Saint of the Day – 18 June – Saint Elisabeth of Schönau (1129-1164) Abbess, Mystic, Ascetic, Writer, Spiritual Adivisor – born in 1126 in Bingen, Germany and died on 18 June 1164 at Bingen, Germany of natural causes.
In the mid 12th century, Elisabeth of Schönau blurred the conventional gender roles of the time, through the dissemination of her astonishing visions. Elisabeth lived during a time when women were viewed as the weaker sex, both mentally and physically. Unless a woman were to join a convent or a religious movement, she would be expected to marry and to bear children. Elisabeth of Schönau, however, was far from powerless, as her visions led her to acquire enough fame to be known far and wide. Elisabeth became, not only a local celebrity as a result of her visions but, gained popularity throughout other parts of Germany, as well as in France and England. This enabled Elisabeth to have her own voice, to be known as an individual and to be sought after in an effort to acquire heavenly advice by high order men, including Bishops and Abbots. For men of such high order to call upon Elisabeth, a mere woman, is extremely significant given the time period in which Elisabeth lived. Elisabeth’s visions, as well as her twenty-two letters to Bishops, Abbots and Abbesses, enabled her to transcend the traditional gender roles of the time by making her widely known and giving her an individual voice.
Elisabeth was born about 1129, of an obscure noble family named Hartwig. At the age of 12 she was given to the nuns for education in the St Florin double abbey founded a few years earlier. At the age of 18 she entered the women’s Congregation. She made her profession as a Benedictine in 1147. In 1157 she became Abbess of the nuns under the supervision of Abbot Hildelin.
Her hagiography describes her as given to works of piety from her youth, much afflicted with bodily and mental suffering, a zealous observer of the Rule of Saint Benedict and of the regulation of her convent and devoted to practices of mortification. In the years 1147 to 1152 Elisabeth suffered recurrent disease, anxiety and depression as a result of her strict asceticism. St Hildegard von Bingen (1098-1179) Doctor of the Church admonished Elisabeth in letters to be prudent in the ascetic life. St Hildegard here: https://anastpaul.com/2018/09/17/saint-of-the-day-17-september-st-hildegard-von-bingen-osb-1098-1179-doctor-of-the-church/
At Pentecost in 1152, she first had spiritual experiences of a visionary nature, which she and the nuns and monks understood as the authentic message of God. These generally occurred on Sundays and Holy Days at Mass or Divine Office or after hearing or reading the lives of Saints. Christ, the Virgin Mary, an angel, or the special Saint of the day would appear to her and instruct her; or she would see quite realistic representations of the Passion, Resurrection and Ascension, or other scenes of the Old and New Testaments.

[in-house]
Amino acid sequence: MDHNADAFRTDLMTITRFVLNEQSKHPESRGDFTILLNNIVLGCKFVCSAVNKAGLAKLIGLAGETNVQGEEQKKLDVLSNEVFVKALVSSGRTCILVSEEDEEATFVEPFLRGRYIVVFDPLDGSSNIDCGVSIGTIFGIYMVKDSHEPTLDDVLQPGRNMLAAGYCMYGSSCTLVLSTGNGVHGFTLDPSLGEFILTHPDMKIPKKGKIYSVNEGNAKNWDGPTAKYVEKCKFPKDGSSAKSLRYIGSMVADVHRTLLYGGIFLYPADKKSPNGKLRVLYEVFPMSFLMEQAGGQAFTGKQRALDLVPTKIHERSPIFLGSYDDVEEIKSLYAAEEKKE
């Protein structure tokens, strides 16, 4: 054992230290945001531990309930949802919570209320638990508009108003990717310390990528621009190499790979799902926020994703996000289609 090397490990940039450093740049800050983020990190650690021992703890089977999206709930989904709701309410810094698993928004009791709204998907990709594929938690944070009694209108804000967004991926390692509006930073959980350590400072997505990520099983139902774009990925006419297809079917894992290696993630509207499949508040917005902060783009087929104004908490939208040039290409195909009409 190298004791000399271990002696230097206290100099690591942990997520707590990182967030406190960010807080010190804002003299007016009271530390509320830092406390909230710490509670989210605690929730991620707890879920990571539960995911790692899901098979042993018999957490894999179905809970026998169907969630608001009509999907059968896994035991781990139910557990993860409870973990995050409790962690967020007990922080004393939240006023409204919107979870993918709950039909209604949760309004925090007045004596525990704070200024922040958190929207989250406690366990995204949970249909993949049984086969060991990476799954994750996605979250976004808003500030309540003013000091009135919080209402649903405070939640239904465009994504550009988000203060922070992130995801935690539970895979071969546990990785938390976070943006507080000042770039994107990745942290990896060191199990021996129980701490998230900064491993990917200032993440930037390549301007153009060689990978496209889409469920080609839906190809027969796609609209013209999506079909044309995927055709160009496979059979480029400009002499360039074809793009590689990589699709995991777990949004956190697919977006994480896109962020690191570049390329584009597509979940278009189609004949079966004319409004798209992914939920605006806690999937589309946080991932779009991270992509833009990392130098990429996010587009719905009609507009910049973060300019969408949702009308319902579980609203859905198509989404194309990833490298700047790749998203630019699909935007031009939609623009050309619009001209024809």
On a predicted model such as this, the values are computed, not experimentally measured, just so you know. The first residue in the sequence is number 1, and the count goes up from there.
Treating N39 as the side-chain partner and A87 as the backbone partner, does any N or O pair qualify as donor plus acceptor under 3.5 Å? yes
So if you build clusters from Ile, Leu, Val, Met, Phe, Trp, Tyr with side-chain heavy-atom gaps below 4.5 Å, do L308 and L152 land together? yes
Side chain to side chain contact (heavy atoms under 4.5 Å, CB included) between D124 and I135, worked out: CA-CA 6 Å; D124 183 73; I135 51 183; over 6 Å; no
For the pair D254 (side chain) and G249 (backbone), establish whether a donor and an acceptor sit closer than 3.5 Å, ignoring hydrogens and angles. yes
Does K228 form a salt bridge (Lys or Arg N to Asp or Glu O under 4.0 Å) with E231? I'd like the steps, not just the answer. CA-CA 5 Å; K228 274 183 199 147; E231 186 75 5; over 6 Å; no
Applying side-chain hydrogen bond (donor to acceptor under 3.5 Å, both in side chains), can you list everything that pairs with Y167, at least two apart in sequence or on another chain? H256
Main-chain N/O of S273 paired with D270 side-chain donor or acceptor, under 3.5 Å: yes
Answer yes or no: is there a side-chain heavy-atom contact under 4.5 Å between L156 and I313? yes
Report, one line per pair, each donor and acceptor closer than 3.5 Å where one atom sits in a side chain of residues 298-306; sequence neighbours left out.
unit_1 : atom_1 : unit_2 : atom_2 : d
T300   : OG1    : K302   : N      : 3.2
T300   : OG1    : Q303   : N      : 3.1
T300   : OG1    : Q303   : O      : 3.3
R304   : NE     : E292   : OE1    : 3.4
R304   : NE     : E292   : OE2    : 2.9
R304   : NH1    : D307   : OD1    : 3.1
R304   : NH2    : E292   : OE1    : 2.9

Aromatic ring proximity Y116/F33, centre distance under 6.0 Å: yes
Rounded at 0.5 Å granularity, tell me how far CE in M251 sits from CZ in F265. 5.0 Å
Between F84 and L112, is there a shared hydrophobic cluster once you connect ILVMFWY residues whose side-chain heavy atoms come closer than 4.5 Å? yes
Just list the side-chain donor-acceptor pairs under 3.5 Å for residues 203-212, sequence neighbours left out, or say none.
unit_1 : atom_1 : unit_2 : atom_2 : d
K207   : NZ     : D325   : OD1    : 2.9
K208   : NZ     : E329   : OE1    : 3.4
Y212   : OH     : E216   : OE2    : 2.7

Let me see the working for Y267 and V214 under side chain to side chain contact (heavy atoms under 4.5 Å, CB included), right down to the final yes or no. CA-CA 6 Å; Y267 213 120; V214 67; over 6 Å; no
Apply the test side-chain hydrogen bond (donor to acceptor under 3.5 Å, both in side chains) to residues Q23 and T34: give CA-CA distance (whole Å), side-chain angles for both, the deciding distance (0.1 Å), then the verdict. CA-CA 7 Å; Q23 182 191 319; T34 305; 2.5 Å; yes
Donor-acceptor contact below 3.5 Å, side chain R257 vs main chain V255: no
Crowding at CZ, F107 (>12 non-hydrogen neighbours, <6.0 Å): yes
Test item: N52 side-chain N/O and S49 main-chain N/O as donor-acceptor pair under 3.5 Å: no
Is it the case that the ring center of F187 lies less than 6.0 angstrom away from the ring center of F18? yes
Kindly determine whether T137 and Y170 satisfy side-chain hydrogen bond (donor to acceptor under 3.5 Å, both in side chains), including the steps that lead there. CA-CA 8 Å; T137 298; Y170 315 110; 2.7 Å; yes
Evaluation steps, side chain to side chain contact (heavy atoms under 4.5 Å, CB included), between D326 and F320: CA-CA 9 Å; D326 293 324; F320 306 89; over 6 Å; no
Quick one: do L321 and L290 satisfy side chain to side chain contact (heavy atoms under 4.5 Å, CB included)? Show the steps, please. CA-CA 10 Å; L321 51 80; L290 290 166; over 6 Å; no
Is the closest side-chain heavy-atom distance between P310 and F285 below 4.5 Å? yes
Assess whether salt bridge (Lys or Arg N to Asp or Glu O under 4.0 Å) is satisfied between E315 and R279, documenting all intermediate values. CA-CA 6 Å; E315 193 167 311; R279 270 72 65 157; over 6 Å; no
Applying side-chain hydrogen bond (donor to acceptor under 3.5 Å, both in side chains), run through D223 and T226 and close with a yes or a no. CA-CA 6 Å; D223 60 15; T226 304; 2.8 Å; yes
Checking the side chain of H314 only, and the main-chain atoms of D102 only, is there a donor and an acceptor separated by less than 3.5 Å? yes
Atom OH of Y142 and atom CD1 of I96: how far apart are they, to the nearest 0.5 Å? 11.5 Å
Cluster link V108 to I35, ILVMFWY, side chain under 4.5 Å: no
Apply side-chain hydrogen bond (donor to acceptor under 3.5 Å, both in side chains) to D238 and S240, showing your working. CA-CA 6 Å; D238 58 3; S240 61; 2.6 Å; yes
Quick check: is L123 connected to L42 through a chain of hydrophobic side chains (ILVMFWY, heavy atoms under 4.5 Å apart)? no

She died on 18 June 1164 at the age of only 35 and was buried in the St Florin Abbey Church. It is extremely remarkable that she was not buried in the Monastery cemetery or in the Chapel of the nuns but in a prominent place in the Abbey Church itself. This was unusual and testifies to absolute acceptance of her mystical life, writings and deep veneration. There has never been a formal Canonisation process (pre-congregation) but every year on the day after her death, that is, on 19 June her memory is celebrated in the Monastery and surrounding towns. It was not until the late 16th century that she was officially included in the list of Saints at the request of the Archbishop of Mainz and the monks of Schönau (Martyrologium Romanum).
What Elisabeth saw and heard she put down on wax tablets. Her Abbot, Hildelin, told her to relate these things to her brother Eckbert, then a cleric at Saint Cassius in Bonn, who acted as an editor. At first she hesitated fearing lest she be deceived or be looked upon as a deceiver but she obeyed. Eckbert (who became a Monk of Schönau in 1155 and eventually succeeded Hildelin as second Abbot) put everything in writing, later arranged the material at leisure and then published all under his sister’s name.
While this relationship between brother and sister allowed for Elisabeth’s wide broadcasting of her visionary experiences, it is evident that Eckbert attempted to have a degree of authority over Elisabeth. Elisabeth’s response to Eckbert’s efforts regarding certain visions is just one example of how Elisabeth’s actions blurred the conventional gender roles. The works are published in English in a Collected Works edition.
Schönau Monastery is a popular place of pilgrimage today. The Franciscan Minor Monastery is picturesquely situated in the Saale Valley in a river arch on the Franconian Saale. Steep mountain slopes flank the Monastery and the small town of Schönau.